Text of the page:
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For many Americans who are down on their luck, their cars have become a permanent home away from home.
But not all localities are welcoming of what some lawmakers are calling "vehicle vagrants."
For those who intend on making their car a very cheap hotel, take these legal issues into consideration before living in your car:
For the most part, spending an extended period of time in your car isn't a problem -- you can sleep in your parked car in your driveway if you'd like. Rather, it's the fact that your car is in one spot for at least as long as you're sleeping in it.
Parking your car on someone's private property can get you arrested for trespassing, unless you have the owner's consent. And if you do, you might as well as to just crash on a couch.
If you park on a public street or in a neighborhood, you'll need to obey the parking laws, unless you want to continuously fight parking tickets. Remember that while an area may not have an hourly limit, cars that remain parked in one area long enough will draw the attention of law enforcement.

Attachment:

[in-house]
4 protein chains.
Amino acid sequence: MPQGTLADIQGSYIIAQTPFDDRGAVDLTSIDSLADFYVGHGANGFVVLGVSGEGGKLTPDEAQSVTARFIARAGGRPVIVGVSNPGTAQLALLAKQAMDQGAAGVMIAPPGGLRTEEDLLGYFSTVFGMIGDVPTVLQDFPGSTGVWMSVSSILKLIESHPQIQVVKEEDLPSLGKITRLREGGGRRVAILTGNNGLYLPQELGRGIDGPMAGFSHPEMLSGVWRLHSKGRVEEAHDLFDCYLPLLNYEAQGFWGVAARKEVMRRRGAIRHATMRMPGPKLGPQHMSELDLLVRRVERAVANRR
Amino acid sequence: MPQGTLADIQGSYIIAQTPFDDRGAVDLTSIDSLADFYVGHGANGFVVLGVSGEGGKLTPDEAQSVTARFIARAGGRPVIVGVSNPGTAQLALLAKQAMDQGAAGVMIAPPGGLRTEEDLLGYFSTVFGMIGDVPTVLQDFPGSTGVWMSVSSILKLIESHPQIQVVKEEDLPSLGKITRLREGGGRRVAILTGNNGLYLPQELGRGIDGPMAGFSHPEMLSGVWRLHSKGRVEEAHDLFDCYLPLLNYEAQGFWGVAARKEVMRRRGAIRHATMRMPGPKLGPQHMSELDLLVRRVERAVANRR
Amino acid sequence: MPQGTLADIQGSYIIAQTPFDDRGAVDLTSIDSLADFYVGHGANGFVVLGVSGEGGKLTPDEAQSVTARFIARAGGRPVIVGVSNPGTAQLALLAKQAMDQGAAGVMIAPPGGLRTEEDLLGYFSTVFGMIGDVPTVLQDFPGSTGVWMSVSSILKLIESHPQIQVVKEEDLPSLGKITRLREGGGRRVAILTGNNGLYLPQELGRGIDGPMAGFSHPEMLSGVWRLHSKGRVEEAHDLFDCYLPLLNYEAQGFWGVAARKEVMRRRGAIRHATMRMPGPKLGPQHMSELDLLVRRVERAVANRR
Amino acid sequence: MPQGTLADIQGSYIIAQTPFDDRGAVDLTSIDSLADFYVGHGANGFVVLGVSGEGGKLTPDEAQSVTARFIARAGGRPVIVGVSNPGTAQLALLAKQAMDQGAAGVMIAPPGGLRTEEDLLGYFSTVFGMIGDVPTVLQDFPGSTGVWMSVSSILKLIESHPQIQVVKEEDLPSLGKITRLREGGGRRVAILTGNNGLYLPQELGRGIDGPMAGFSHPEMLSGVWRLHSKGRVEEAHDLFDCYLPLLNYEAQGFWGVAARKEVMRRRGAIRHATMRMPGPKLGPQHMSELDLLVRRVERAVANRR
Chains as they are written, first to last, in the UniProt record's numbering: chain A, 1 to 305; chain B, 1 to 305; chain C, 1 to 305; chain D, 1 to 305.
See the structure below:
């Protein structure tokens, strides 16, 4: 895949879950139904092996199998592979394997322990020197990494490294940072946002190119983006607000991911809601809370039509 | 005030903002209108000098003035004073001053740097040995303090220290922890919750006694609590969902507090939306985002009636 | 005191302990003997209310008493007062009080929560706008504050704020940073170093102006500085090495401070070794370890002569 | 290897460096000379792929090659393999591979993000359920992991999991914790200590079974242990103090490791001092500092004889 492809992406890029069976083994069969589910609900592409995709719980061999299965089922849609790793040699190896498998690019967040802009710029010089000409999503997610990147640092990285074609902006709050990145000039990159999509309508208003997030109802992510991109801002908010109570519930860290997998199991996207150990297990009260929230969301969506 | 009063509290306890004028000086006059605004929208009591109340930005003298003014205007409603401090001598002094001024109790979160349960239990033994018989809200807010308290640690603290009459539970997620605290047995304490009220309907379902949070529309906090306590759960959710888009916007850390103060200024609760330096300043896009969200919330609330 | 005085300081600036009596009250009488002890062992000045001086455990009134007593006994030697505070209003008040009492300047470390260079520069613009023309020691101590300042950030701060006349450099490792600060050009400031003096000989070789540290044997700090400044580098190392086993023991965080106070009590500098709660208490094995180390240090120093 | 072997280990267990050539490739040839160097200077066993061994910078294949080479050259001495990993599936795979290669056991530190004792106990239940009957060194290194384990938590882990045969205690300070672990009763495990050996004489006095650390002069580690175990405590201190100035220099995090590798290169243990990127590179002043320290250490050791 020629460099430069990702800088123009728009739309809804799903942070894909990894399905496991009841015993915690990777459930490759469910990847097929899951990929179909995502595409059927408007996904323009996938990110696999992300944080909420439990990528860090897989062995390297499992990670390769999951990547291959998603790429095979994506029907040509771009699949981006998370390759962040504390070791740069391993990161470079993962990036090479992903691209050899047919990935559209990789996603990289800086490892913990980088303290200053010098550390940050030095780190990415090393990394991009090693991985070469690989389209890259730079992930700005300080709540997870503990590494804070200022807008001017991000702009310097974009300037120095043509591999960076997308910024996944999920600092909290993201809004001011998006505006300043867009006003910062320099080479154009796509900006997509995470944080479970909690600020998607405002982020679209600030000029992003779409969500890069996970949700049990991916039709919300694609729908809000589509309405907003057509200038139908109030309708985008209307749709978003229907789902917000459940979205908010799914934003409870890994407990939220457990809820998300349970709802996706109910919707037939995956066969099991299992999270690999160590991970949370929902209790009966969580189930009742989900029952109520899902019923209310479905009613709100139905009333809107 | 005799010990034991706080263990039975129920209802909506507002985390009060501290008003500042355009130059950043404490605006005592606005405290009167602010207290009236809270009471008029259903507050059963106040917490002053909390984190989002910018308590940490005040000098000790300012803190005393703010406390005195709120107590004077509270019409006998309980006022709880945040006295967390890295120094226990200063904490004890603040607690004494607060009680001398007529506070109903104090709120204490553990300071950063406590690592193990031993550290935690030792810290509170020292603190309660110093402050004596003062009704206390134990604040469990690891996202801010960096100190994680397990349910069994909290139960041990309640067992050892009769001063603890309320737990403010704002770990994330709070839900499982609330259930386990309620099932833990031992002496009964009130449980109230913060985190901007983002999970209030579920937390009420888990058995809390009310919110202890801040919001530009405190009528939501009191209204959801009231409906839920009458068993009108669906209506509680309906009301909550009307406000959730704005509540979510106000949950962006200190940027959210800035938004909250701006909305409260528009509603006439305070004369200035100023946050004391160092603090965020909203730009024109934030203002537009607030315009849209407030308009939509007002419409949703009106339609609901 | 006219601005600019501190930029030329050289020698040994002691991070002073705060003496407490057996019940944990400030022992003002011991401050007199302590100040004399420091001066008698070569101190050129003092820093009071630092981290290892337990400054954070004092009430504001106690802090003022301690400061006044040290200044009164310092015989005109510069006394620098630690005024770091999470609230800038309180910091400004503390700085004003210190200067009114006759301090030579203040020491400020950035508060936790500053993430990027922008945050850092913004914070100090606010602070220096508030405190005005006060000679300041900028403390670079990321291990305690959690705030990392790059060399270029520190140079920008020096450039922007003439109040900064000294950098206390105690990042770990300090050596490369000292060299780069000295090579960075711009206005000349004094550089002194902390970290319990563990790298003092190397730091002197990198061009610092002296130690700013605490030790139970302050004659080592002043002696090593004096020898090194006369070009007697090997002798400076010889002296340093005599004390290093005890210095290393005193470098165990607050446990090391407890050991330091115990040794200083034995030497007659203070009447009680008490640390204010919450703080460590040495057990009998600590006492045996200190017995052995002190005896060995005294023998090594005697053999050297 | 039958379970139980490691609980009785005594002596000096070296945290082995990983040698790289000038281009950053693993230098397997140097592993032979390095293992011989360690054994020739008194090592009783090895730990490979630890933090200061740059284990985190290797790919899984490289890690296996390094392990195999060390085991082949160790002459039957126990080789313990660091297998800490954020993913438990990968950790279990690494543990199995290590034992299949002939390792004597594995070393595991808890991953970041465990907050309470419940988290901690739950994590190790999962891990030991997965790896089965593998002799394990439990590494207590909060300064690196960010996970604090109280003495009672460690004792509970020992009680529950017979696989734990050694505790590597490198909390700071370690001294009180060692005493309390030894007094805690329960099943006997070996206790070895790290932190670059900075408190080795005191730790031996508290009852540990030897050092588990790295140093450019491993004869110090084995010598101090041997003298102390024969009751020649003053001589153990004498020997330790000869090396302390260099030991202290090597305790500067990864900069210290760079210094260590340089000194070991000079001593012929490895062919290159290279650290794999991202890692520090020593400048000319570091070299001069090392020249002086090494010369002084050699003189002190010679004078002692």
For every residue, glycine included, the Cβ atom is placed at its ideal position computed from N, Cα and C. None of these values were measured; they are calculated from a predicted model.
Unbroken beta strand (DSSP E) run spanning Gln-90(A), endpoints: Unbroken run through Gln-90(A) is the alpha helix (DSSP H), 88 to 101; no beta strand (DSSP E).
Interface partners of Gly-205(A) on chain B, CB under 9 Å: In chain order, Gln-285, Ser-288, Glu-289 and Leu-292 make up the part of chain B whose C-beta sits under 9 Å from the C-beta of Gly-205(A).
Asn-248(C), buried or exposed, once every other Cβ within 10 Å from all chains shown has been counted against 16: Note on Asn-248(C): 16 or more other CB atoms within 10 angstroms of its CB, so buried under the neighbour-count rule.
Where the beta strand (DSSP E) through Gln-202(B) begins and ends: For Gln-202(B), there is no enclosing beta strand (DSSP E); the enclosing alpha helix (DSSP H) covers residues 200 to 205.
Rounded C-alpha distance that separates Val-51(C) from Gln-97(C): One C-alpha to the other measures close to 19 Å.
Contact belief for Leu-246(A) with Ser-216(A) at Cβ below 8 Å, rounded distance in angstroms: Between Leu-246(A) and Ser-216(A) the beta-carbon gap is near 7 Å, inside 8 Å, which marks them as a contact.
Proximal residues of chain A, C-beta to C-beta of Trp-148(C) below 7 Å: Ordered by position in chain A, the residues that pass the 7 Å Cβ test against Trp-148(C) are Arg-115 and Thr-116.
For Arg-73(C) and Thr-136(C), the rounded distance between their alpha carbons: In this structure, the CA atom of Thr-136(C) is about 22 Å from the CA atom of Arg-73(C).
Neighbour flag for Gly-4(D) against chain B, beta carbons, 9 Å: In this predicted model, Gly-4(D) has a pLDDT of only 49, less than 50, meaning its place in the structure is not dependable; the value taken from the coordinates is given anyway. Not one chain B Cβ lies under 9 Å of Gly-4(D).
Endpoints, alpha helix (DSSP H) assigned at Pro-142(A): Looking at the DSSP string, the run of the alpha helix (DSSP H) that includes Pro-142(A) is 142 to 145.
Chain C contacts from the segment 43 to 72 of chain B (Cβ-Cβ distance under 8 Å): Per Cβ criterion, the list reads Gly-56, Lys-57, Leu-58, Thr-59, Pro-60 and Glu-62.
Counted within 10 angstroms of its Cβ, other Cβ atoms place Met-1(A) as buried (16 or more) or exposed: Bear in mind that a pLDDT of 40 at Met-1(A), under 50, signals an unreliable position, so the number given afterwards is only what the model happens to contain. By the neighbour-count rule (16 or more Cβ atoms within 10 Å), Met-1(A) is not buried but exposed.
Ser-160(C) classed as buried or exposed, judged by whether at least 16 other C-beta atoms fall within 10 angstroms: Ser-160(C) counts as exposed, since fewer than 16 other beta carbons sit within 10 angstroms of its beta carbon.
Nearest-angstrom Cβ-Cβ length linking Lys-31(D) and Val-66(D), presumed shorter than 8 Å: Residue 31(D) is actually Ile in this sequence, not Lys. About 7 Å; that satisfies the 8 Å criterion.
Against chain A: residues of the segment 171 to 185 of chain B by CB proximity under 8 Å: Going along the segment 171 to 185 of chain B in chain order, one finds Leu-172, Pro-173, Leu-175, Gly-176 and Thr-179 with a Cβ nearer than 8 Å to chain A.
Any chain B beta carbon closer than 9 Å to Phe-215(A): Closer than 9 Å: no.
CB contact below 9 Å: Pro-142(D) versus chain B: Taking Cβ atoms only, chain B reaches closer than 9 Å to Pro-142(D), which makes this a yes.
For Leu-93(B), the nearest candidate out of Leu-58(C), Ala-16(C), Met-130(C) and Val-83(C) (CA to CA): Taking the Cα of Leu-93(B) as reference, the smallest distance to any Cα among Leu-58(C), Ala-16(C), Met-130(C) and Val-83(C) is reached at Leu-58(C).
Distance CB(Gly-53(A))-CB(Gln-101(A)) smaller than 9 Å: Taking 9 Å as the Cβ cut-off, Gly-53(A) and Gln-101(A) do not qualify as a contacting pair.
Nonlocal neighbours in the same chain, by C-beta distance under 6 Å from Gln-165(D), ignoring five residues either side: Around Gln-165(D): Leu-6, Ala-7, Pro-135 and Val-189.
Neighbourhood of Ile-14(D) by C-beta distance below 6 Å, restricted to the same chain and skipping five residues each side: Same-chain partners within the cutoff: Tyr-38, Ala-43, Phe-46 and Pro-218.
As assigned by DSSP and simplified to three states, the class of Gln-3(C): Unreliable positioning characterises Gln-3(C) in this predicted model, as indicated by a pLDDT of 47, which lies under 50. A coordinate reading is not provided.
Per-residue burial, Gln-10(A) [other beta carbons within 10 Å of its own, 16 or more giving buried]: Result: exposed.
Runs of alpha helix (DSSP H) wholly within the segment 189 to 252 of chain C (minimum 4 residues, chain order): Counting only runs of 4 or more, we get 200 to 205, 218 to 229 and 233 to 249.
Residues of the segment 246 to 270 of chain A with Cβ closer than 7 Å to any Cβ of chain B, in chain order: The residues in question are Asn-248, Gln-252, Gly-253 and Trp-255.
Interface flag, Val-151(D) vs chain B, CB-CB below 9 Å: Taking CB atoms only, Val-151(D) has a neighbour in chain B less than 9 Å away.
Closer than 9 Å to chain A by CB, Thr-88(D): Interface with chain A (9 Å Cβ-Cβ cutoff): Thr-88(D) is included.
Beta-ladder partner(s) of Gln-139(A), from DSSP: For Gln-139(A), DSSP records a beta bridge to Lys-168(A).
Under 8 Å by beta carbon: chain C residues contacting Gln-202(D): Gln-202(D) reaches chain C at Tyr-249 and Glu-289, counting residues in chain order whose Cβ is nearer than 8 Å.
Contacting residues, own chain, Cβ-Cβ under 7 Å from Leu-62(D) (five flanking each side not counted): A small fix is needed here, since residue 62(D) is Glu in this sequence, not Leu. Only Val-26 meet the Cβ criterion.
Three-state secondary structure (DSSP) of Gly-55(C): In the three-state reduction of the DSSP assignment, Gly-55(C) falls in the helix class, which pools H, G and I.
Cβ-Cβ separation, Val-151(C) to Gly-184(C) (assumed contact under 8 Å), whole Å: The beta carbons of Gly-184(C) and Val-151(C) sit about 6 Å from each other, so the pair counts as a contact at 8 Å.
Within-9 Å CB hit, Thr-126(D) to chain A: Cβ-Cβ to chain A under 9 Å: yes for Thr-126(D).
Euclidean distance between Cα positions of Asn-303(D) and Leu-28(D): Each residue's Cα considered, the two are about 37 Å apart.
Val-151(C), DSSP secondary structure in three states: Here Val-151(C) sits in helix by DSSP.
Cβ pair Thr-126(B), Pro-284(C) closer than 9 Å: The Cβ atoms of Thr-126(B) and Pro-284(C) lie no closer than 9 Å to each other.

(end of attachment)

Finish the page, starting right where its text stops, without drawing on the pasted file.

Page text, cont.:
However, your city may have specific laws relating to "vehicle vagrancy," which may make it a criminal offense to live in your vehicle without a permanent residence, even if you have permission to park there.
For example, lawmakers in upscale Palo Alto, California, are attempting to curb vehicle-dwellers in their city with a new ordinance that would make sleeping in cars a citable offense and would rely on citizen tips for enforcement, reports the San Francisco Examiner.
Although most vagrancy laws have been put to rest, the practical necessities of living out of your car -- like getting dressed in your car -- may get you cited for indecent exposure.
The level of exposure necessary for indecent exposure varies from state to state. But in general, exposing your genitals to the public, even while changing your undies in the car, can potentially be considered a misdemeanor.
Loitering laws in different cities and states make it illegal for a person to remain in a public place for too long. New York law, for example, makes it illegal to sleep in a metro station; police or antagonistic citizens may try to use these laws to hassle you for spending the night in your vehicle.
Keep these laws in mind before making your car a temporary or permanent place to live.
Meeting with a lawyer can help you understand your options and how to best protect your rights. Visit our attorney directory to find a lawyer near you who can help.